Huskies’ linebacking corps showing itself to be a strength
With Shaq Thompson, Travis Feeney and John Timu leading the way, Washington’s defensive strength is definitely at linebacker.
Seattle Times staff reporter
UW QB Quick Reads, Day 10
The good: During an 11-on-11 period in the red zone against the first-string defense, redshirt freshman Troy Williams zipped a short pass across the middle to Jaydon Mickens, who weaved around defenders for a 30-yard touchdown.
The bad: Tough day for Cyler Miles. In the 11-on-11 red-zone period, the sophomore signal caller telegraphed a throw to receiver John Ross on the right side, which was intercepted by freshman Keishawn Bierria. During another 11-on-11 drill, Miles looped a pass over the middle that was intended for receiver Kendyl Taylor, but was picked off by sophomore Kevin King.
Of note: The Huskies continued to divvy up drives evenly among Williams, Miles and sophomore Jeff Lindquist, who had two drives in the 11-on-11 period.
Quote: “All of them really bring some good things to the table, and we’re deciding on that for sure. I just think we’ve got some guys that haven’t played a whole lot.” – Offensive coordinator Jonathan Smith
Washington linebackers coach Bob Gregory had a pretty good idea he inherited a special group when the new coaching staff took over eight months ago.
Still, it became even more apparent Monday during the team’s closed intrasquad scrimmage, which was the first serious audition before the Huskies’ Aug. 30 opener at Hawaii.
The first play resulted in a defensive penalty, but the next snap resulted in an interception returned for a touchdown by linebacker Shaq Thompson. Soon after, linebacker Travis Feeney picked up a fumble and raced in for another score on a day in which the defense created four turnovers.
Gregory said he was pleased with the intensity of the scrimmage, while noting quarterbacks, who normally wear red no-contact jerseys, were live for more than 100 plays, which meant they could be sacked, tackled and hit like any other player. He also said middle linebacker John Timu and Hau’oli Kikaha, the former UW defensive end who is listed as a “Buck” outside linebacker, performed well.
“It’s always good when you create turnovers and start out a scrimmage like Shaq did with an interception return for a touchdown,” Gregory said. “I don’t think any of us likes seeing them move the ball up and down the field a little bit. We played pretty well in the red zone.
“The linebackers as a whole played pretty decent, but we’ve got a long way to improve, there’s no doubt about it.”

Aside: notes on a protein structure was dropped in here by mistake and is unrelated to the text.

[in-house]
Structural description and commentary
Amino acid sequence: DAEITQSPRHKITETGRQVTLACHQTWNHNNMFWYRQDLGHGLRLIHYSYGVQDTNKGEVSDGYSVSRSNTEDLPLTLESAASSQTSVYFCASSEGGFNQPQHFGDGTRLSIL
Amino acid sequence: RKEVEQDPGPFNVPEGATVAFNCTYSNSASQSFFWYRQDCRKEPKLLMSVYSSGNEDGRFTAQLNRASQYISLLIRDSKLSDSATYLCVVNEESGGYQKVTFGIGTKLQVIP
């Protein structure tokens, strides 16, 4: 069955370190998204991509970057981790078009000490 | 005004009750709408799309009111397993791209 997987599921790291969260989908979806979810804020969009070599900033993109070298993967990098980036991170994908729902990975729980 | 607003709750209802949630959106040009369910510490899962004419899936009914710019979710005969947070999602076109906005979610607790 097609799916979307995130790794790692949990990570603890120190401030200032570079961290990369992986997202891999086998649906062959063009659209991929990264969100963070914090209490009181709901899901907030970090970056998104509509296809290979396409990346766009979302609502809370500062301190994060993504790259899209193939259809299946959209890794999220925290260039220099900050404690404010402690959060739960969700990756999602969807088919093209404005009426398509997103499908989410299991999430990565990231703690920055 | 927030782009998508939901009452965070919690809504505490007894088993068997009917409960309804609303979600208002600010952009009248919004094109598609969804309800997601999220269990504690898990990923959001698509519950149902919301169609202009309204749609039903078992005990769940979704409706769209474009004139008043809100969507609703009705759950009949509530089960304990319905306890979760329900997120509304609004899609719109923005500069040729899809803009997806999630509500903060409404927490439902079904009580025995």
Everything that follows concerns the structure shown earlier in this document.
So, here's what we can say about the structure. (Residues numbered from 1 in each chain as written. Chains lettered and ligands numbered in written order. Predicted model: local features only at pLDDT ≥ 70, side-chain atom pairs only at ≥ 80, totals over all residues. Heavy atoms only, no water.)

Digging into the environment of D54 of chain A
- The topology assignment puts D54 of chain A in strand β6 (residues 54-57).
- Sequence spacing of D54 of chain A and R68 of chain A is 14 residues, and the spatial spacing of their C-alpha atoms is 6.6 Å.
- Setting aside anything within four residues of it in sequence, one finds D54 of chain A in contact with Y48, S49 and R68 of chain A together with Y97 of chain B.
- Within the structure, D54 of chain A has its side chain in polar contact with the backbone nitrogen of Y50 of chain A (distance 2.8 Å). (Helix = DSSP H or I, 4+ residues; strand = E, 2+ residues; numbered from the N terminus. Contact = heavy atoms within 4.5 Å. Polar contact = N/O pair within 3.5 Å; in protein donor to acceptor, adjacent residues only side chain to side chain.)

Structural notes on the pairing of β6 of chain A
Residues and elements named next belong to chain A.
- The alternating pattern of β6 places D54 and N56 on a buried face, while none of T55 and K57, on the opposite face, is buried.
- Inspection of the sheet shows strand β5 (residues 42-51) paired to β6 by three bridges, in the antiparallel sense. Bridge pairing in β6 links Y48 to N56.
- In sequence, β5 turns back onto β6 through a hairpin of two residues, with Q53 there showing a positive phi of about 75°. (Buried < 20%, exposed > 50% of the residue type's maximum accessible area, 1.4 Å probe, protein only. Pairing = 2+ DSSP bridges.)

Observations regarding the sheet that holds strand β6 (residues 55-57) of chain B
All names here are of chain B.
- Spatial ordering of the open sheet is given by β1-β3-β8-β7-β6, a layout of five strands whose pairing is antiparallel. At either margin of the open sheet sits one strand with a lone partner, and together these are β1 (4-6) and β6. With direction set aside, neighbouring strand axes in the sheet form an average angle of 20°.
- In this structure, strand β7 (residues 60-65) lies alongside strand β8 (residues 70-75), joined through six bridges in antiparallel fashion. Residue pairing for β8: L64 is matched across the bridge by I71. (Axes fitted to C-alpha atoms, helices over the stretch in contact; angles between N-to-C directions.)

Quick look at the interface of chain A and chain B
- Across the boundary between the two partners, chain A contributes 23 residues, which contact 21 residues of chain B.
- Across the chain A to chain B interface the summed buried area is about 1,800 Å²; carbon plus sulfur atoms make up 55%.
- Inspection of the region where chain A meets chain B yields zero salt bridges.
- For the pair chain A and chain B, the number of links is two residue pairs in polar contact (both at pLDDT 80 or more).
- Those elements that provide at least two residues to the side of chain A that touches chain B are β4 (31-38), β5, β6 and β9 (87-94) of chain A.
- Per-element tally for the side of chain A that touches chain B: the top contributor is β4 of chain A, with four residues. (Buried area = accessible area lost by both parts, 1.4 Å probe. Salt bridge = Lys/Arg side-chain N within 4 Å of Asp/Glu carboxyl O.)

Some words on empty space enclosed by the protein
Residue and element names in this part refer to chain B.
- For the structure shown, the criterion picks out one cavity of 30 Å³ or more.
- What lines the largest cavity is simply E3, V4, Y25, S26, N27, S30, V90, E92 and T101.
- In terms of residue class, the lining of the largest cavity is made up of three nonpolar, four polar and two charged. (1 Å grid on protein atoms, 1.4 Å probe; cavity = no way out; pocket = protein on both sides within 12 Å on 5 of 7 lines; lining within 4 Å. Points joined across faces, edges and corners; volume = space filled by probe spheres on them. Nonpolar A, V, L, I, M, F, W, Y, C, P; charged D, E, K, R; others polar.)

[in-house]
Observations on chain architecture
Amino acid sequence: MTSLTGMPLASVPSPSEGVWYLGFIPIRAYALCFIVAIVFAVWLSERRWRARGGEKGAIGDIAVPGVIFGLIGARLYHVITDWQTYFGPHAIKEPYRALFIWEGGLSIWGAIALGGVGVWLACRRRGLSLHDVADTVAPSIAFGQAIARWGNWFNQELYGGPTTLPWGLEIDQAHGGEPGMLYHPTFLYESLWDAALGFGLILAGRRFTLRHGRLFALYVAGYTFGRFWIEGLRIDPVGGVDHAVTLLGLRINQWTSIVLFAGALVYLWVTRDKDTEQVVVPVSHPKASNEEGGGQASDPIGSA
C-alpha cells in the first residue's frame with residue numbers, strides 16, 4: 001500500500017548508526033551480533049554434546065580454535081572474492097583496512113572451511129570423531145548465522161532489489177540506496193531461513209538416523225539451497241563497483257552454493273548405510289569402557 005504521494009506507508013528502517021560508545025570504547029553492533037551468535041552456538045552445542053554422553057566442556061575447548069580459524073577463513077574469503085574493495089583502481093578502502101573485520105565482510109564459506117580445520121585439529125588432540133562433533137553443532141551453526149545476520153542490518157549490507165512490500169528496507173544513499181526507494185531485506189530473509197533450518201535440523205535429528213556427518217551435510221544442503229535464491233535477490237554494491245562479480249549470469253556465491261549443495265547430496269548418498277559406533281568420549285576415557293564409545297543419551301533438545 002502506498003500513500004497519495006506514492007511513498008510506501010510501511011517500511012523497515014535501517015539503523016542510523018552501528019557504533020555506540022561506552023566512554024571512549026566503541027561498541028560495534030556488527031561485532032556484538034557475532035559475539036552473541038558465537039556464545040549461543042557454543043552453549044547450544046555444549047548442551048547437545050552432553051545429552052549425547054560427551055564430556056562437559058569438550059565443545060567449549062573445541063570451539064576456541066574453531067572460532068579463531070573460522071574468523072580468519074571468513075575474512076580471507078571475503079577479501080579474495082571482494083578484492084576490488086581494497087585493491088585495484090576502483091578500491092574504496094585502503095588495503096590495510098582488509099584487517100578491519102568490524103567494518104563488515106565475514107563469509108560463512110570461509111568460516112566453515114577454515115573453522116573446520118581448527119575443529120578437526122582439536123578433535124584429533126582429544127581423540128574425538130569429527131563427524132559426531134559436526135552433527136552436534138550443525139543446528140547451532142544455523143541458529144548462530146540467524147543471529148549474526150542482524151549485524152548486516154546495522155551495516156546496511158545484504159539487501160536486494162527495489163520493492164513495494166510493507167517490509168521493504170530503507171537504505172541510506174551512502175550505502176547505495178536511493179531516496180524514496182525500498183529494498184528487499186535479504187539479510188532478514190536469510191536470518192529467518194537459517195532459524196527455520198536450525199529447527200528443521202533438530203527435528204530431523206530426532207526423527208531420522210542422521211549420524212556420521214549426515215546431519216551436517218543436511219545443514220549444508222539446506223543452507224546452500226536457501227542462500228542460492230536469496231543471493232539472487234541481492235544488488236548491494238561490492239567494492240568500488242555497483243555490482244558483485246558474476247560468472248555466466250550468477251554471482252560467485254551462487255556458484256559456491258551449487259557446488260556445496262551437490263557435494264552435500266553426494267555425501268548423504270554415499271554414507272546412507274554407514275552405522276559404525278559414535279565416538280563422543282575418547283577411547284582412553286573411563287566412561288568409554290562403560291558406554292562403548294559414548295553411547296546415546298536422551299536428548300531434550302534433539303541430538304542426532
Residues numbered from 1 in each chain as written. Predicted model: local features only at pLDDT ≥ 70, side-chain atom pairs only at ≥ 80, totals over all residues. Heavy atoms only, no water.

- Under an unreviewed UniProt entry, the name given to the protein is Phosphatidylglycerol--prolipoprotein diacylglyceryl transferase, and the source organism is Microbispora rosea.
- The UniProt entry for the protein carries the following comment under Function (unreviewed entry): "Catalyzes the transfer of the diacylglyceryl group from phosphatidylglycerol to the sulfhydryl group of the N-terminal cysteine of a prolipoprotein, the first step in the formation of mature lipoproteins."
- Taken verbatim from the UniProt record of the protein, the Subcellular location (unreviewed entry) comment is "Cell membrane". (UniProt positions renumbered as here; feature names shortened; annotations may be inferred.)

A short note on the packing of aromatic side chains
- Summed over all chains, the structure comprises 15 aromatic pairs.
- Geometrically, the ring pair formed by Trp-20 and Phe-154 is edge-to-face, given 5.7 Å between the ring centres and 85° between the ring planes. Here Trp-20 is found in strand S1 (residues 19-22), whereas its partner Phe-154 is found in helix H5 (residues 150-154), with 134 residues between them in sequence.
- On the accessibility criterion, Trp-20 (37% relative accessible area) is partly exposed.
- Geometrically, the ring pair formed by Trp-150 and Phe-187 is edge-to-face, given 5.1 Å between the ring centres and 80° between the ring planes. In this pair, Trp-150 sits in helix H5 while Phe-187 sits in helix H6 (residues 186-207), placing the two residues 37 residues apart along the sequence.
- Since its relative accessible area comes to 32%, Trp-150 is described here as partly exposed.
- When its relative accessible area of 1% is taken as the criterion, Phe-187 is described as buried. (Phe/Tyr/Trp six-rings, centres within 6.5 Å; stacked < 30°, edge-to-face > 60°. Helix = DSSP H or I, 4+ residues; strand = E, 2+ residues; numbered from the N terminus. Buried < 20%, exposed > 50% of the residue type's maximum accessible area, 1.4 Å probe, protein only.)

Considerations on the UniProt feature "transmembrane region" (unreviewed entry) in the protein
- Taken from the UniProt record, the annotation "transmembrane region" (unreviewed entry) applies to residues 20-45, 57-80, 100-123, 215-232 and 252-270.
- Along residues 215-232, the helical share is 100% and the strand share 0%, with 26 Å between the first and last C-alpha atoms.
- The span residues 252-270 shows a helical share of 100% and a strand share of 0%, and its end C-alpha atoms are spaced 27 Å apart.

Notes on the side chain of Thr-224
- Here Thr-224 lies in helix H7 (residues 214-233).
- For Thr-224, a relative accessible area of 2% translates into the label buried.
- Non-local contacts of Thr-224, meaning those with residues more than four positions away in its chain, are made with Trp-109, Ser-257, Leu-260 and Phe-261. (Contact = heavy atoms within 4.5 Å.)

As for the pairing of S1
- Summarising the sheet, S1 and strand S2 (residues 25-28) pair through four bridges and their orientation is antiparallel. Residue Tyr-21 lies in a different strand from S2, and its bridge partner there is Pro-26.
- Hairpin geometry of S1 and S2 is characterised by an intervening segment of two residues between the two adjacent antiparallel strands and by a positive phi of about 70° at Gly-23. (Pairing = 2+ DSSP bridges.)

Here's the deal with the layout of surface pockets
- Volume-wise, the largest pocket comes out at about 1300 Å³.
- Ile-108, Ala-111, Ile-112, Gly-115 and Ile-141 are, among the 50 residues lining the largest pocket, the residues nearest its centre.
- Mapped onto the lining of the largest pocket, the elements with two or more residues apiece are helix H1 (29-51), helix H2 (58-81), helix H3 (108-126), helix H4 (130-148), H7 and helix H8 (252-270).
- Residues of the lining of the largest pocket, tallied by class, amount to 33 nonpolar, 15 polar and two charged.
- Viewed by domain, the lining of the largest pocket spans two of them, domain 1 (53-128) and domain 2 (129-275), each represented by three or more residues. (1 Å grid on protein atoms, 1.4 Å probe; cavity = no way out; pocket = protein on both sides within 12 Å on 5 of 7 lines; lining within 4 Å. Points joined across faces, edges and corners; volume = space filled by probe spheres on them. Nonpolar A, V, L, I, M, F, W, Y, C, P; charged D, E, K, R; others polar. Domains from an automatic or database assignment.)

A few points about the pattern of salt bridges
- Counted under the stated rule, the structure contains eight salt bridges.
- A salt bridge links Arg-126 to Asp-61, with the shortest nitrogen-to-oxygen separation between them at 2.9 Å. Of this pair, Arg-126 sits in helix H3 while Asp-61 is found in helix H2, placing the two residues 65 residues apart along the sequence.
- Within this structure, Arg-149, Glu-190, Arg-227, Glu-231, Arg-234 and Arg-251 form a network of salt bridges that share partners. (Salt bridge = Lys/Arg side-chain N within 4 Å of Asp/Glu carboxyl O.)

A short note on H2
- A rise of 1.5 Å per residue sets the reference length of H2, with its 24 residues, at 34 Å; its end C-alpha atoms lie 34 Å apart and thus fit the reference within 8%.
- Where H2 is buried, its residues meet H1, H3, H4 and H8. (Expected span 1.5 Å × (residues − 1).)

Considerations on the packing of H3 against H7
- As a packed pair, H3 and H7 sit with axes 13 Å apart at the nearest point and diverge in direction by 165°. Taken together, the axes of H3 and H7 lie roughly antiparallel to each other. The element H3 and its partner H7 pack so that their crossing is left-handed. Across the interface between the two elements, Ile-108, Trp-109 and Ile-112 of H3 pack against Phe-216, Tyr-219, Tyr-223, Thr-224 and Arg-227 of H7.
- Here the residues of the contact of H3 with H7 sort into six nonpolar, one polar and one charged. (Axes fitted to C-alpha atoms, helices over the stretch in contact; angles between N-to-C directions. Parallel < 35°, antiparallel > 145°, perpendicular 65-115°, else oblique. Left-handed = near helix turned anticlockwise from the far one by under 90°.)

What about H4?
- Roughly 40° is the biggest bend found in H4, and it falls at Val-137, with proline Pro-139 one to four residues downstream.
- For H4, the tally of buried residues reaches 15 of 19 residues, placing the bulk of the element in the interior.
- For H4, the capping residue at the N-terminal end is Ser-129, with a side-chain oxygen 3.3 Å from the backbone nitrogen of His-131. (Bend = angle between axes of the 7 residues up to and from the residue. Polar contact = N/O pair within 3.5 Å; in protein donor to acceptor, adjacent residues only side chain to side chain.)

And yet through 10 days of football camp, UW’s linebackers quartet looks as if it’s ready to pick up where it left off last season.
Modesty may have prevented Thompson from saying it – at least publicly – but the linebackers are the rock stars on a star-studded defense that could potentially have as many as five players (Thompson, Kikaha, cornerback Marcus Peters, nose tackle Danny Shelton and possibly Timu) selected in the NFL draft next year.
“I’m not going to say we’re the rock stars, but we will bring energy if there’s no energy,” Thompson said. “Whether it’s mixing it up with the offensive linemen and getting them kind of mad and getting a little hostility going.
“We’ve got guys who show up, and we’re here to practice.”
Thompson, Timu and Kikaha finished second (78), third (77) and fourth (70) on Washington last season in tackles. Feeney was tied for eighth at 55.
Kikaha had 13 sacks, second-most in the Pac-12, and his 45 combined quarterback hurries and knockdowns were tied for the most in the nation, according to STATS, LLC.
The Huskies were fourth in the Pac-12 in points allowed (22.8), fifth in turnovers (23) and sixth in total defense (388.5 yards).
“One area, I guess, where you can say we struggled in was getting interceptions,” said Timu, while noting the linebackers accounted for just three of UW’s 16 picks last season. “And this year creating turnovers is such a big emphasis, so we’re working on that. ... We can get better tackling because at the end of the day, we have to make tackles as a group for the defense to be successful.”
Gregory, the former Boise State linebackers coach who was defensive coordinator at California (2002-09), said he didn’t have any preconceived ideas when he arrived. So far, he likes what he sees.
On Timu, a 6-foot-1, 246-pound senior: “A ton of experience. Very smart player. Very instinctual.”
On Thompson, a 6-1, 228-pound junior: “Very athletic. Doesn’t have as much experience as John does, but he can make up for a lot of stuff just with his athletic ability.”
On Feeney, a 6-4, 218-pound junior: “Long-bodied type that we’re looking for on the outside. Has the ability to strike and separate from blockers and get to the football.”
On Kikaha, a 6-3, 246-pound junior: “I don’t work a lot with Hau’oli. He’s kind of like our Sam linebacker. But he’s obviously a tremendous player.”
Thompson is considered a first-round pick if he decides to leave Washington early and enter the 2015 draft. CBSSports.com projects Kikaha will be taken in the second round next year while Timu is believed to be a late-round choice if taken.
The depth at linebacker is somewhat of a concern given the disparity in talent between the starters and backups. However, Gregory said redshirt freshman Keishawn Bierria has been impressive lately, while junior Scott Lawyer continues to progress.
However, the success of the UW defense likely hinges on the starting linebackers.
“I don’t want to hype us or anything like that, but we’ll be a pretty good defense once we get going,” Gregory said. “Once we have consistency and trust, I don’t think anything will get by us.”
Percy Allen: 206-464-2278 or firstname.lastname@example.org